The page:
“It is not ‘science,’” Lankester insisted, “that will be to blame for these horrors”: the destruction of the earth and the natural environment of living species, undermining the conditions of “future generations.” Rather, should civilization-threatening disasters “come about they will be due to the reckless greed and mere insect-like increase of humanity.” Although depicting uncontrolled population growth as a factor in ecological degradation, Lankester had no doubt about the main force at work, declaring elsewhere that capitalist businesses were “necessarily by their nature, devoid of conscience,” and were impersonal mechanisms “driven by laws of supply and demand.”19

Lankester was the mentor of Arthur Tansely, another materialist scientist and Fabian-style socialist, who founded the British Ecological Association. Tansley is most famous for introducing the concept of ecosystem—in conflict with the idealist, indeed outright racist, strand of ecology, associated with General Smuts in South Africa. The socialist wing of the ecological movement—including leading Marxist scientists such as Lancelot Hogben and Hyman Levy, but also figures like Tansley and H.G. Wells—were strongly opposed to the idealist-racist ecology promoted by Smuts and his adherents. But it was Tansley who introduced the most effective critique.

In his famous 1935 article on “The Use and Abuse of Vegetational Concepts and Terms,” Tansley developed the ecosystem concept as the basis for a materialist ecology, relying heavily on the dialectical-systems analysis provided in Levy’s The Universe of Science. Central to Tansley’s argument was the recognition of “the destructive human activities of the modern world.” Humanity, he argued, was “an exceptionally powerful biotic factor which increasingly upsets the equilibrium of previous ecosystems and eventually destroys them.” Human beings were thus capable of what he called “catastrophic destruction” in relation to the environment. This meant that scientific-materialist ecology needed to be introduced as a rational counter to such irrational tendencies imbedded in contemporary society.20

At about the same time that Tansley introduced the ecosystem concept, another protégé of Lankester, the esteemed British biologist, J.B.S. Haldane, one of the originators of the neo-Darwinian synthesis and a Marxist, wrote an essay entitled “Back to Nature,” critically taking up this slogan already present in his time. Haldane argued that humanity might have to give up some of the wasteful “artificialities” of commodity society in order to maintain a sustainable relation to the earth. Yet, the real need in this respect, he insisted, was to create an entirely different socioeconomic system, beyond capitalism; in which case the more essential aspects of civilization, representing genuine human needs, could be preserved.21

Hence, even prior to the Second World War, ecologists, particularly those who combined their concern for nature with socialist views, were clear that a radical change in the relation between production and the environment was needed—one requiring foresight and planning.

The Heterogeneity of Ends and the Need for Rational Ecological Planning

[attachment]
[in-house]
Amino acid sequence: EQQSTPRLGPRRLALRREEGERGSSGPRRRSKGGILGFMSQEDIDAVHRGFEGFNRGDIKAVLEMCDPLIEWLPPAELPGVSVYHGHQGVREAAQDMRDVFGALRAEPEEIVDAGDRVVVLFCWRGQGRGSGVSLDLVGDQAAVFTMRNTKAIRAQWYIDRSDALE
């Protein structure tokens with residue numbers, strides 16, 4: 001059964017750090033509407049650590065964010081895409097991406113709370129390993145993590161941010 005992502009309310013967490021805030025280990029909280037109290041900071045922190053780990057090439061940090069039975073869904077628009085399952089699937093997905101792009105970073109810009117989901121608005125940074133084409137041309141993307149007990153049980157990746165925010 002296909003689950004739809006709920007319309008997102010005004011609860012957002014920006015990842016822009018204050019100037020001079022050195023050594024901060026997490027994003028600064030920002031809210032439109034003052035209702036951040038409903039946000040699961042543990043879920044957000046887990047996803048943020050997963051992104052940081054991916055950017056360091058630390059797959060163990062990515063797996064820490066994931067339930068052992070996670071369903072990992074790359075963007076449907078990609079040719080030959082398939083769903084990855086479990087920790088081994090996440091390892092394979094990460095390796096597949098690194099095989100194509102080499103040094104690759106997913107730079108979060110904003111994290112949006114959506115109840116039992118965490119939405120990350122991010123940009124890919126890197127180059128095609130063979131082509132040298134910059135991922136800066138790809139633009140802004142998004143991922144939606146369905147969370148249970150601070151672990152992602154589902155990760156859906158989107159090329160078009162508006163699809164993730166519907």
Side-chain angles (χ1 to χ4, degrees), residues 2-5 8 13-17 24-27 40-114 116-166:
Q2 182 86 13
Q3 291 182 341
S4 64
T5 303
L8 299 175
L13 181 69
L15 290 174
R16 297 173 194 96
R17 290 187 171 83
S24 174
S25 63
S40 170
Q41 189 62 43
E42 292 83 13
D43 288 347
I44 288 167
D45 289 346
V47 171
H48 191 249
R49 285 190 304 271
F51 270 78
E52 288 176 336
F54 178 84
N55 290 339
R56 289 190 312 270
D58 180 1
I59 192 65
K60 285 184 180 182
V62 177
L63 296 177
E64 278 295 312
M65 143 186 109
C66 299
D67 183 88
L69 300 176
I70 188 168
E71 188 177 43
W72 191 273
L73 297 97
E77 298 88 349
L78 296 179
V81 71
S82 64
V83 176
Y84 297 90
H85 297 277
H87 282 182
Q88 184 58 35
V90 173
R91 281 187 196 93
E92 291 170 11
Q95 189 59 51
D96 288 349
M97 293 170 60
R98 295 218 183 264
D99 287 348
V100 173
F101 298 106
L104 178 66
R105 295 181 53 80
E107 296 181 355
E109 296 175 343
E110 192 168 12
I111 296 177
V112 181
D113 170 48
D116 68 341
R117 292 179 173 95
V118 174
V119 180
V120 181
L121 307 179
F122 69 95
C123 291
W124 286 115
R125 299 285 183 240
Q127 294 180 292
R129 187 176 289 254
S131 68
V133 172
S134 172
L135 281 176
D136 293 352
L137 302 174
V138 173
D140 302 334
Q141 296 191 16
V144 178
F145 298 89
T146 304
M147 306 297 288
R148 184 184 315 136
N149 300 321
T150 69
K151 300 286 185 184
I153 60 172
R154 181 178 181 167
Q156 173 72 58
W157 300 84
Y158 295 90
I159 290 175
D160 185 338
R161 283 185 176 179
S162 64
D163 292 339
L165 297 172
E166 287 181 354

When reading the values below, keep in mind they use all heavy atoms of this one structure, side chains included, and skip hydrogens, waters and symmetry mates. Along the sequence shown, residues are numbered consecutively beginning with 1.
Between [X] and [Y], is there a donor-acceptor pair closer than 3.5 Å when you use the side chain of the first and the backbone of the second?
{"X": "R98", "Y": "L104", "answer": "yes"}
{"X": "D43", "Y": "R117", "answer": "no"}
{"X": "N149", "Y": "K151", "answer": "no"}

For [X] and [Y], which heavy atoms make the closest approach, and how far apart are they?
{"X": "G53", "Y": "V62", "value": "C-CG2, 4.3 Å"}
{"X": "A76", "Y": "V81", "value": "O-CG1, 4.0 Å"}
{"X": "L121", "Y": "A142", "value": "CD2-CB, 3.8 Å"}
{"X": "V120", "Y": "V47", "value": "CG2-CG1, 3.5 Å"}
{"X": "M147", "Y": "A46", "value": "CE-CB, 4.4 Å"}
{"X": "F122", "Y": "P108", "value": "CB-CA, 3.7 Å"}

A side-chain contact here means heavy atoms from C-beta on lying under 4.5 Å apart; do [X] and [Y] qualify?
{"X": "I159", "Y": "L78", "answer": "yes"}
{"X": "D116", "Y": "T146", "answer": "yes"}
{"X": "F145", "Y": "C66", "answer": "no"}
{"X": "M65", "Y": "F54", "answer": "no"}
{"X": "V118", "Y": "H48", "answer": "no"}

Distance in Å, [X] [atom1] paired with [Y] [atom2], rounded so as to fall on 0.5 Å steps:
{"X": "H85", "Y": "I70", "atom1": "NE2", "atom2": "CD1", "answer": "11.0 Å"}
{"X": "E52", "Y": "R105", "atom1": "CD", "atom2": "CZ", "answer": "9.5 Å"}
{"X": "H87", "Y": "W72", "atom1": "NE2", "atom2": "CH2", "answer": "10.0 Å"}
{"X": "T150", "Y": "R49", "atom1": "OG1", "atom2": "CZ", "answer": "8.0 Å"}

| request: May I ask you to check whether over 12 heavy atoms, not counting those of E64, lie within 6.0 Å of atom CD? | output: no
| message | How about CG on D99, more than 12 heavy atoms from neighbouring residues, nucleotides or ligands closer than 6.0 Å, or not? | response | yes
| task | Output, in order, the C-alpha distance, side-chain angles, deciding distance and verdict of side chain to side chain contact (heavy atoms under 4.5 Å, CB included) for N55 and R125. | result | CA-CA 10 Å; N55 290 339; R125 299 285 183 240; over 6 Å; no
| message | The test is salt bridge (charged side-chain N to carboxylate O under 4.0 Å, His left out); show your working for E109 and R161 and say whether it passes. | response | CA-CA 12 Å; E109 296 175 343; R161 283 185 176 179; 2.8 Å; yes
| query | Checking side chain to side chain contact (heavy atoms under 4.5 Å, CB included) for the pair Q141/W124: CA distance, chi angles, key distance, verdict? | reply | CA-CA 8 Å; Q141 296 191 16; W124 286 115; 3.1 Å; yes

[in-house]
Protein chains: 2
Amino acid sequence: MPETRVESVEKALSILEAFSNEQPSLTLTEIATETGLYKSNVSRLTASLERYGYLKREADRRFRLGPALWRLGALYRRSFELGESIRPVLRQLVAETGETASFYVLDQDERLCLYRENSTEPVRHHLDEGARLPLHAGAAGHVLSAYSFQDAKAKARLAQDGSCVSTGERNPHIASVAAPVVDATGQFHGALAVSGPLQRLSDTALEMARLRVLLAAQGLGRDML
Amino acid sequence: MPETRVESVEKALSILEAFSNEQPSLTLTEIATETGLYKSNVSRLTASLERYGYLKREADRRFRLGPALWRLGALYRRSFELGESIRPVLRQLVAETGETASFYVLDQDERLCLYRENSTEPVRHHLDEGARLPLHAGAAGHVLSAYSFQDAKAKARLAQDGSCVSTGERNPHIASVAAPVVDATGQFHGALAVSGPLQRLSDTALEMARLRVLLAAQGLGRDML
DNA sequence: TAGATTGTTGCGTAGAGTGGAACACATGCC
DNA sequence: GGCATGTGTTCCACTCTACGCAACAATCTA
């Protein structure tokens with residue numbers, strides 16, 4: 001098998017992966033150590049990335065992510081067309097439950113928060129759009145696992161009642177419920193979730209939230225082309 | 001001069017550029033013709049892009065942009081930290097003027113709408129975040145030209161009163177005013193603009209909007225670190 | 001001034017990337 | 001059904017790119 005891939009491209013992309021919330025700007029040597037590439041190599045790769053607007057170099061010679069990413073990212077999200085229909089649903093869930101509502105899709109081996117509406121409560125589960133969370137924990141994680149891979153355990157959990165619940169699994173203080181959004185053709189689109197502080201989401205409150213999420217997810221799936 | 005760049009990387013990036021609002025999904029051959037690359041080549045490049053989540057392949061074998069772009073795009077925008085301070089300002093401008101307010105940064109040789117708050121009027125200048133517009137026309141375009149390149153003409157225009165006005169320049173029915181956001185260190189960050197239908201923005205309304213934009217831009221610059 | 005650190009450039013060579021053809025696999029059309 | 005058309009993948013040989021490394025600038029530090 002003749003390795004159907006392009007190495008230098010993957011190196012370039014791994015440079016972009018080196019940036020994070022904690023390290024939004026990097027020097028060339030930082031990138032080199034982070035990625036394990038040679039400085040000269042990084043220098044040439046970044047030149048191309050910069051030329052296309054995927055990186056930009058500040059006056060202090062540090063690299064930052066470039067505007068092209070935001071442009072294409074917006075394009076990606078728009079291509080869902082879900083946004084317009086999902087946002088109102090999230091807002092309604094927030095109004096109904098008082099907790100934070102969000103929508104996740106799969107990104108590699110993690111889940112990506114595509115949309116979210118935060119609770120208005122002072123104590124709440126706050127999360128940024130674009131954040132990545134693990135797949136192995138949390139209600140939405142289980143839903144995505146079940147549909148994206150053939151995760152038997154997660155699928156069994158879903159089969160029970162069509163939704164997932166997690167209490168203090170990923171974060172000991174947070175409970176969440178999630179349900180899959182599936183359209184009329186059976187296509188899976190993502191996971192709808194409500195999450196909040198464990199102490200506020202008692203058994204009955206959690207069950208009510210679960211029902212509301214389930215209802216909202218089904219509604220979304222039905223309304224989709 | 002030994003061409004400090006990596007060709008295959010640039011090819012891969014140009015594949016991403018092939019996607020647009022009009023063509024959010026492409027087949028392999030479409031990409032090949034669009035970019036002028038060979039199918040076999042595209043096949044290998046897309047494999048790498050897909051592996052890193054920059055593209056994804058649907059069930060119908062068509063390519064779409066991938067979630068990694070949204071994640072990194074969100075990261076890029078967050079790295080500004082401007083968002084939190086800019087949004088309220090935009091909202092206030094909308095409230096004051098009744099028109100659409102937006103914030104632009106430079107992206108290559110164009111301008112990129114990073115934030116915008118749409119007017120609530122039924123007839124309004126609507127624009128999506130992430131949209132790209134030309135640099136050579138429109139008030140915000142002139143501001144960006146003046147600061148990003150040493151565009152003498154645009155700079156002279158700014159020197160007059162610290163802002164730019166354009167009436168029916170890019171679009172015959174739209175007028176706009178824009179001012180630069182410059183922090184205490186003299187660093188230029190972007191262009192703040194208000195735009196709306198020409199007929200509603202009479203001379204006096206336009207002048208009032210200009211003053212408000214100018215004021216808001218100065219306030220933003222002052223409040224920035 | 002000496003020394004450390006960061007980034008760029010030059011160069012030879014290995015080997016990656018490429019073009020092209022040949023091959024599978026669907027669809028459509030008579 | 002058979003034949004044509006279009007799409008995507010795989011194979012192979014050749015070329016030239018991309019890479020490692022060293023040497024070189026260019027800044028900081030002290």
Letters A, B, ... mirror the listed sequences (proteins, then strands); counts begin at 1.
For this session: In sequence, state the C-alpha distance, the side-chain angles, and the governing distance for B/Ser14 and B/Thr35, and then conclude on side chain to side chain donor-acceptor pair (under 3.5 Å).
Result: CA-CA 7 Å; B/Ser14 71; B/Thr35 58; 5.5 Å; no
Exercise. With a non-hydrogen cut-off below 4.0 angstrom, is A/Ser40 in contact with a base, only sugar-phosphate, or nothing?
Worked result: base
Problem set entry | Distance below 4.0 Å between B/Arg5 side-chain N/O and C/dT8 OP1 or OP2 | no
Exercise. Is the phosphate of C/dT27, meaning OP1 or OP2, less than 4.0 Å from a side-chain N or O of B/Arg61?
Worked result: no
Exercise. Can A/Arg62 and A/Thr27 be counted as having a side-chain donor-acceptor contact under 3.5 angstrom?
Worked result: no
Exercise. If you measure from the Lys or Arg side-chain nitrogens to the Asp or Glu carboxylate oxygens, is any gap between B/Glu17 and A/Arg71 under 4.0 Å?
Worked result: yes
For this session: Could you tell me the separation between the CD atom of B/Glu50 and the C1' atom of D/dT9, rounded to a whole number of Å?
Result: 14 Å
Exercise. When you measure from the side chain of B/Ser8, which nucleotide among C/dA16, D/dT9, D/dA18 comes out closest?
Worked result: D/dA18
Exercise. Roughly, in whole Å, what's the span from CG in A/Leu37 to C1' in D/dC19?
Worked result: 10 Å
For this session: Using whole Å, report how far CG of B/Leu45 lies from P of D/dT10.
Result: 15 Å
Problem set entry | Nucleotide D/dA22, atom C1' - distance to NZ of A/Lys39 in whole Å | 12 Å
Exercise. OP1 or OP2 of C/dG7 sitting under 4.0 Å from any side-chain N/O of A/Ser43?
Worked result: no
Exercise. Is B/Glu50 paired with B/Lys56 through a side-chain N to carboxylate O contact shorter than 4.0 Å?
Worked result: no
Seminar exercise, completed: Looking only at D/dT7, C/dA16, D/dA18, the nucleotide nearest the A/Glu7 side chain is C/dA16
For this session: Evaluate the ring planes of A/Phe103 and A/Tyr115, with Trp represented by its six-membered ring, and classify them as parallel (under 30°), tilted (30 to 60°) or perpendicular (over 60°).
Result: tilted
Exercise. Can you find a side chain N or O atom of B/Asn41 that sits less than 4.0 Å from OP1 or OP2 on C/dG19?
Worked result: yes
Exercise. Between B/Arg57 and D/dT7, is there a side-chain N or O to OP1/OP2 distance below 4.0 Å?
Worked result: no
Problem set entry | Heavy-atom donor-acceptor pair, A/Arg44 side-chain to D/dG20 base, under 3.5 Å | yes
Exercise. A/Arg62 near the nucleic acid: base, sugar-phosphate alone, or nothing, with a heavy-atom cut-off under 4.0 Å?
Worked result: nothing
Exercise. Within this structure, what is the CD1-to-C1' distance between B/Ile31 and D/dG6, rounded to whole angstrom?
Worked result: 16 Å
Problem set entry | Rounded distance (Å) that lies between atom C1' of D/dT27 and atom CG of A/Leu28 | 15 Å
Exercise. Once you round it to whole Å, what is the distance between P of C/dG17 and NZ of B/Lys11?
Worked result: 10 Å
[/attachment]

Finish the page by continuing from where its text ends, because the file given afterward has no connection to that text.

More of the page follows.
The argument that I have advanced up to this point suggests that ecological science can be thought of as arising out of the growing conflict between the developing capitalist system and the planetary environment. The birth of scientific ecology represented the slowly emerging recognition of what Marx called the “negative, i.e. destructive side” of industrialization “from the point of view of natural science.” Some of the most perceptive scientists, especially those with a socialist bent, recognized already in the nineteenth century (and in the opening decades of the twentieth century) that humanity had become a natural force, unconsciously unleashing unprecedented ecological destruction on the earth. Going against the dominant celebration of capitalist industrialization as an unalloyed triumph over nature, some of the most acute observers in the scientific community were aware, a century or more ago, that catastrophe in the human relation to nature had not been overcome, but rather had been in a sense conserved, even accumulating in potential with the development of human productive powers. Just as the short-term power of humanity over nature increased along with the scale of the economy, so did the long-run potential for ecological (and economic) catastrophe.

For dialectical thinkers like Marx and Engels the social-ecological problem was seen through the prism of a materialist-dialectical philosophy of revolutionary social change. This can be understood in terms of what is known as the “heterogeneity (or heterogony) of ends”—a concept introduced by the German psychologist and philosopher Wilhelm Wundt in his Ethics (1886). Wundt argued that individual and collective goals shift over time as a result of the unforeseen effects on the natural and social environment. The pursuit of immediate aims often produces unintended negative consequences, leading to radically new conditions and actions—a “mutation of motives.” For Wundt the contradiction associated with the heterogeneity of ends was most tragically apparent in societies “where egoism rules supreme.” The question there was: “What do the living care for future generations? ‘Après nous le déluge,’ they will say, until the flood sweeps them away with the words on their lips.”22 Yet, the heterogeneity of ends also stood for the capacity of human beings to respond in radically new ways to changing conditions.

Ironically, given the nature of Wundt’s critique, the heterogeneity of ends is often associated in today’s scholarship with “invisible hand explanations” of social organization such as those of Adam Smith, whereby the pursuit of individual greed is seen as leading paradoxically to the greater good for society as a whole. Conservative twentieth-century thinkers like Michael Polanyi and Friedrich Hayek expanded this into a theory of “spontaneous order,” fundamental to contemporary neoliberalism. In this view, the unintended consequences of selfish and acquisitive behavior, if left to themselves, inevitably produce social equilibrium, in an analogue to divine providence. This has generated a kind of secular religion dominating the approach to economy and environment in capitalist society, which supposedly obviates the need for a social role for science, rational planning, or democratic agency.23